Not much has been written about Dale in comparison with some other lands in Middle-earth. As is often the case with things Tolkien, we can turn to the language of the Men of Dale for inspiration in depicting their culture. The language of Dale was represented in Tolkien’s writings by Old Norse, in the same way that the the language of Rohan was represented by Old English. This was to show the relationship of the two languages to each other as well as to establish their relationship to Westron, the Common Tongue (represented by Modern English). Thus, in the same way that depictions of the Rohirrim take some cues from Anglo-Saxon culture, we can reasonably take some cues from Norse culture in depicting the Men of Dale.
This man is a housecarl, a voluntary military servant of the King of Dale. He bears the arms and armour typically afforded to one of his station: a mail shirt (with a boiled leather cuirass and softer fur-trimmed leather tunic overtop), a peaked nasal helm, and a great hafted long-axe. He also wears a cloak decorated with the skin and tusks of a boar, an important animal in the traditions of his people. He is a highly trained, elite warrior in the bodyguard of King Brand, unflinching in his loyalty and terrible in his ferocity should his lord’s life be threatened. As the War of the Ring escalates, great battles lie in the future for the Men of Dale, and their king and his housecarls will be sorely tested.
As we move into the southern lands of Men in LOTRO it’s interesting to see how our cosmetic options are changing. The designers seem to be favouring what I call “onesies”, that is, chest pieces that also cover the legs. Some of the new cosmetics are less fanciful than those we have seen in the past, when our adventures carried us through the lands of Elves, Dwarves, and the fallen realms of the Númenóreans in the north. Some of the new cosmetics even strongly suggest real-world historical equipment, such as the peaked helm used in this outfit. It’s an interesting new direction, but I hope a balance is struck between the old and the new. I actually find the older pieces easier to combine because they dye with a greater range of colour saturation and have a greater variety of undyeable sections to create secondary colours in an outfit. I also don’t like “onesies” very much since I feel they can limit opportunities for creativity in outfitting by eliminating the leg slot. Nevertheless, some very attractive looks can be put together using the new pieces, especially when older pieces are blended in–as I hope I’ve managed to show with today’s outfit!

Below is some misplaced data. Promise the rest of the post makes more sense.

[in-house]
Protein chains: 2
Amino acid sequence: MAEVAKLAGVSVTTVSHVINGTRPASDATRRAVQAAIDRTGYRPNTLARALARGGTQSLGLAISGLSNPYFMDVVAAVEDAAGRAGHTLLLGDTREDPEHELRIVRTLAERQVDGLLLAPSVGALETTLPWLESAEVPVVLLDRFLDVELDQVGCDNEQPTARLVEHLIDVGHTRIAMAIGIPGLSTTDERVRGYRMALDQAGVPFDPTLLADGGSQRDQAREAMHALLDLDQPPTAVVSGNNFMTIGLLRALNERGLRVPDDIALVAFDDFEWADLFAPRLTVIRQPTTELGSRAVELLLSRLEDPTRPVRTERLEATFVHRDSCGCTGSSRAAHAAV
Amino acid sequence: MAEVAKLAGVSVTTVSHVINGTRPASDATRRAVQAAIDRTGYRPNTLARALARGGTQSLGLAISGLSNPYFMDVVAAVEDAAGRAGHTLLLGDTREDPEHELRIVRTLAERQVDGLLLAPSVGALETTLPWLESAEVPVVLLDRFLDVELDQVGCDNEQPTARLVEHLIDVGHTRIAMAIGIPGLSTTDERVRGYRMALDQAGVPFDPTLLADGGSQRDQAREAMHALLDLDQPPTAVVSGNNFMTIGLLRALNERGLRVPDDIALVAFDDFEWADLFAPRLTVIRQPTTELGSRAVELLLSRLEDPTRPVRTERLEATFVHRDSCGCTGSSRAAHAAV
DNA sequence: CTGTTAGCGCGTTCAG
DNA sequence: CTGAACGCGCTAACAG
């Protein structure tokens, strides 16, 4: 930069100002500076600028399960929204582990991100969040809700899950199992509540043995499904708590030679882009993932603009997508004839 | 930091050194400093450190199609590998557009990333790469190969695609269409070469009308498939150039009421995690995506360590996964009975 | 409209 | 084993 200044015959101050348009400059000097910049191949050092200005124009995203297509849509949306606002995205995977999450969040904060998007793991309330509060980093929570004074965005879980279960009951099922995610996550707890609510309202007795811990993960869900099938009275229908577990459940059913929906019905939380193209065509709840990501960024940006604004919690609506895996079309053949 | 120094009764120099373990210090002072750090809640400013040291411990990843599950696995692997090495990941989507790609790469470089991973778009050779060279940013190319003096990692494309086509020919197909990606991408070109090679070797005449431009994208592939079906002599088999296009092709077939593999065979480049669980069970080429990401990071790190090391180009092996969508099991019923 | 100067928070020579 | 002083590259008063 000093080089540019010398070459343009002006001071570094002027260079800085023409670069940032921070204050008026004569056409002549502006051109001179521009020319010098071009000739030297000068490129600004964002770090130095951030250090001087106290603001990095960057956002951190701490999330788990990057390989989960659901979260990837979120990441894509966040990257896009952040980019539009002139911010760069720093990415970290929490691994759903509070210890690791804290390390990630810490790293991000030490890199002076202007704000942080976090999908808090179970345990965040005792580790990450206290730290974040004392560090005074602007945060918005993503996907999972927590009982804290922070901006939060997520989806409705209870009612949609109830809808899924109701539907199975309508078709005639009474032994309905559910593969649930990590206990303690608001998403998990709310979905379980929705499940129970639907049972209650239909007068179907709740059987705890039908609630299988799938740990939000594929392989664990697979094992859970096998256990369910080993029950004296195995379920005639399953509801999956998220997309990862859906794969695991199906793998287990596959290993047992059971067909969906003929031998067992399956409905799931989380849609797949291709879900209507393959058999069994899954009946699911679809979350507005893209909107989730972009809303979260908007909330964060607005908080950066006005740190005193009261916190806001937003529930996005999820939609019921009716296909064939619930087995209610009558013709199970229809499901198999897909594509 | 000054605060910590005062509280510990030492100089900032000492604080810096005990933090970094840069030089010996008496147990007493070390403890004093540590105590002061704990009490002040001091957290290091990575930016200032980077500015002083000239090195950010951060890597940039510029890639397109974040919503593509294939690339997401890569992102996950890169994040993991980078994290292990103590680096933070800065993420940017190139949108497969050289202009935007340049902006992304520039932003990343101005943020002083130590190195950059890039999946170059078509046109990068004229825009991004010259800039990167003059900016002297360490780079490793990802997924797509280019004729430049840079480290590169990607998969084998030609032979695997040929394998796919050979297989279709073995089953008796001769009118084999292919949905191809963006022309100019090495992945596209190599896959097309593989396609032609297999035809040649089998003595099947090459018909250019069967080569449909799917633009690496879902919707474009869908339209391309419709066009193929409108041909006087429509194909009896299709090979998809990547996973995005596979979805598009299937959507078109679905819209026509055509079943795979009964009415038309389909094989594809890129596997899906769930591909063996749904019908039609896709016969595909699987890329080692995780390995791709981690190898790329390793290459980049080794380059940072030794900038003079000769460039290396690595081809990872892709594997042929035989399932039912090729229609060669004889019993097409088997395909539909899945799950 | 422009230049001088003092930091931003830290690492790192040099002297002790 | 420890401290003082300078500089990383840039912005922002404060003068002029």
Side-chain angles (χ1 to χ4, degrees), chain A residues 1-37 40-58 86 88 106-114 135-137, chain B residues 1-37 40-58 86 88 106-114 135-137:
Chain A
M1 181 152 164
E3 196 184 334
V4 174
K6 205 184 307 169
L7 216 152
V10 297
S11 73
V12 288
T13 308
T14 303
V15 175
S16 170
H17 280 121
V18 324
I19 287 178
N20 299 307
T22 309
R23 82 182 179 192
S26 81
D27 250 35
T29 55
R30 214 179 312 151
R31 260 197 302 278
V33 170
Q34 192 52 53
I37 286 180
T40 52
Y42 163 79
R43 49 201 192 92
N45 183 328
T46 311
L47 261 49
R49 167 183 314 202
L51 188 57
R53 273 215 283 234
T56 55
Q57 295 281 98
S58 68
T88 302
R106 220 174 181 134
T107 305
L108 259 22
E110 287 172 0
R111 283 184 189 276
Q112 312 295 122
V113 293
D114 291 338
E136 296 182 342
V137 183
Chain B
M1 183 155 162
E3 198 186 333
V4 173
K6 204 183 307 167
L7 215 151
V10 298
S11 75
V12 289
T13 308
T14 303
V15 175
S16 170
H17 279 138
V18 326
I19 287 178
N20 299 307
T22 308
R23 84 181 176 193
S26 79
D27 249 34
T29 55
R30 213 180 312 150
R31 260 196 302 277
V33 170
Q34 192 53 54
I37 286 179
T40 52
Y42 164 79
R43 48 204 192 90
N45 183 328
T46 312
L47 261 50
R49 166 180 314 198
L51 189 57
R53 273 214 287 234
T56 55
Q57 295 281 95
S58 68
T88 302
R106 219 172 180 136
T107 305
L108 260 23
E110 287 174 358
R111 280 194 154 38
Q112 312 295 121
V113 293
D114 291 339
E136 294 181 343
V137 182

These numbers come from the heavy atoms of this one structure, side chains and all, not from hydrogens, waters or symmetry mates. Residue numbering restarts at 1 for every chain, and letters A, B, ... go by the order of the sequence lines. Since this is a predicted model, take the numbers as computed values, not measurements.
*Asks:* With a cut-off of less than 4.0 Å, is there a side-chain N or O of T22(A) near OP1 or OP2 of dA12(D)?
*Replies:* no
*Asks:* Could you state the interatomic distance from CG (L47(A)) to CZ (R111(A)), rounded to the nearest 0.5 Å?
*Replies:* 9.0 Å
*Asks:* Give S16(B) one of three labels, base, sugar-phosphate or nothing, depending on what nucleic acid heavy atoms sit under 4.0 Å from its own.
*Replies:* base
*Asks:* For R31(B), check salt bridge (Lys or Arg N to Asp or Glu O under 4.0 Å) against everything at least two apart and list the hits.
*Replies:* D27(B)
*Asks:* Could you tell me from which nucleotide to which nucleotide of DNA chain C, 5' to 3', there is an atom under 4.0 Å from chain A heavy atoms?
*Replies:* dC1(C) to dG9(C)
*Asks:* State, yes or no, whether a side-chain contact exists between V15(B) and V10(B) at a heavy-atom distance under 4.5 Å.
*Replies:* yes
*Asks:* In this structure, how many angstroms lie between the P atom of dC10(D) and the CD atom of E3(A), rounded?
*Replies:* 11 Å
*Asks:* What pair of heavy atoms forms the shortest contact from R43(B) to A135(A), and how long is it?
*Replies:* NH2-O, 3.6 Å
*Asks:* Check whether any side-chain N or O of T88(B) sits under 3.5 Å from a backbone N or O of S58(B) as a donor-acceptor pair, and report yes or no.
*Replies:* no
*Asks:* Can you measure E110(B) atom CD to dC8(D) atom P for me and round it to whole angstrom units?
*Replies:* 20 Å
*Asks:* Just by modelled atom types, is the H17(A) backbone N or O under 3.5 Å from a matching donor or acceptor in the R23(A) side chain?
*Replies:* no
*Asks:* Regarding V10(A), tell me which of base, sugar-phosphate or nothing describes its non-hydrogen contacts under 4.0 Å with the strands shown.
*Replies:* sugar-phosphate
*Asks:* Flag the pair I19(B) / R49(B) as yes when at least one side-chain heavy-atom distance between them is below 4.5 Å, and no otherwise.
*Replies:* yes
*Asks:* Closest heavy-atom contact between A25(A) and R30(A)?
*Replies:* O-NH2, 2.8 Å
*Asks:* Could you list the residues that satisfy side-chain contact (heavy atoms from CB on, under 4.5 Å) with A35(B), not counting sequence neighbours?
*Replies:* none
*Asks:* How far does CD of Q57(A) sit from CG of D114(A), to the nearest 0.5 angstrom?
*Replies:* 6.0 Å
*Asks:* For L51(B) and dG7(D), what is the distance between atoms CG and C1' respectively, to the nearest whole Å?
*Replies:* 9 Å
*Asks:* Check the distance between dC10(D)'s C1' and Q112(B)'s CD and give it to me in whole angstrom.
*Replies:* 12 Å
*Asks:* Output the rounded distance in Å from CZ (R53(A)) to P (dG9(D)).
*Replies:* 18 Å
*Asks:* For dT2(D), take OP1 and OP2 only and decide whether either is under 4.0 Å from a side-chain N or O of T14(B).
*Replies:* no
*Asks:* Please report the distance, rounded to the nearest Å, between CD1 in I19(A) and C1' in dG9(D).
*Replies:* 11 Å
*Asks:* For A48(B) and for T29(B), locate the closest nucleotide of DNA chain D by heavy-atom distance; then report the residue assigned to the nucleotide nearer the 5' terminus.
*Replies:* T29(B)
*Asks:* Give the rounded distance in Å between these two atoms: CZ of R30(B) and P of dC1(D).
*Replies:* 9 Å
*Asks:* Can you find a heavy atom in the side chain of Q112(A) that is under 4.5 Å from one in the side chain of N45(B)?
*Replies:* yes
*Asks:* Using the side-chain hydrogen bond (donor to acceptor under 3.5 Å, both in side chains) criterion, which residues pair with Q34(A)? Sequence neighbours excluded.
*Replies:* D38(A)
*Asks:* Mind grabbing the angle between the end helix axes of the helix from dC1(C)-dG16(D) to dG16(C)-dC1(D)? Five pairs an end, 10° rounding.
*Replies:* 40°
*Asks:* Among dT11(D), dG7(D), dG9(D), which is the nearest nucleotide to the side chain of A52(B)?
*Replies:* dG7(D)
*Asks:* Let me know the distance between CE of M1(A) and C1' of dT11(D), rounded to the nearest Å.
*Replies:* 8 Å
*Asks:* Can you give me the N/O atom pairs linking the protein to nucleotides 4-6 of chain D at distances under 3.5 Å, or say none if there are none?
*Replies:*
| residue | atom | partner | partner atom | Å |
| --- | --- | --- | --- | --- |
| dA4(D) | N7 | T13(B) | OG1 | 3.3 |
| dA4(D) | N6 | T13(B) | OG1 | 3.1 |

- Head: Helmet of the Rider (crafted — metalsmith T7/Théodred’s Riders reputation), umber
- Shoulders: Chainmail Shoulder Guards (purchased — Bree-town heavy armour vendor; or looted — world drop/general), grey
- Back: Cloak of the Boar (bartered — Harvestmath fall festival trader/cosmetic clothing), default
- Chest: Nos-crus (looted — Fangorn’s Edge/tier 2 chest), Ranger green
- Hands: Gauntlets of Fém (quest reward — Angmar  Crannog’s Second Challenge), Ranger green
- Feet: Boots of the Westfold (pre-order — Rise of Isengard), default
Tips: Shoulders with the same appearance as the ones used in this outfit can be purchased at the Bree-town heavy armour vendors. Note that they come in two variations: a new-looking one, like the one used here, and a more distressed, battle-worn looking version. Nos-crus has the same appearance as several other Dunland quest rewards. The gauntlets in this outfit have the same appearance as the Gauntlets of the North-drake (looted — world drop/level 49).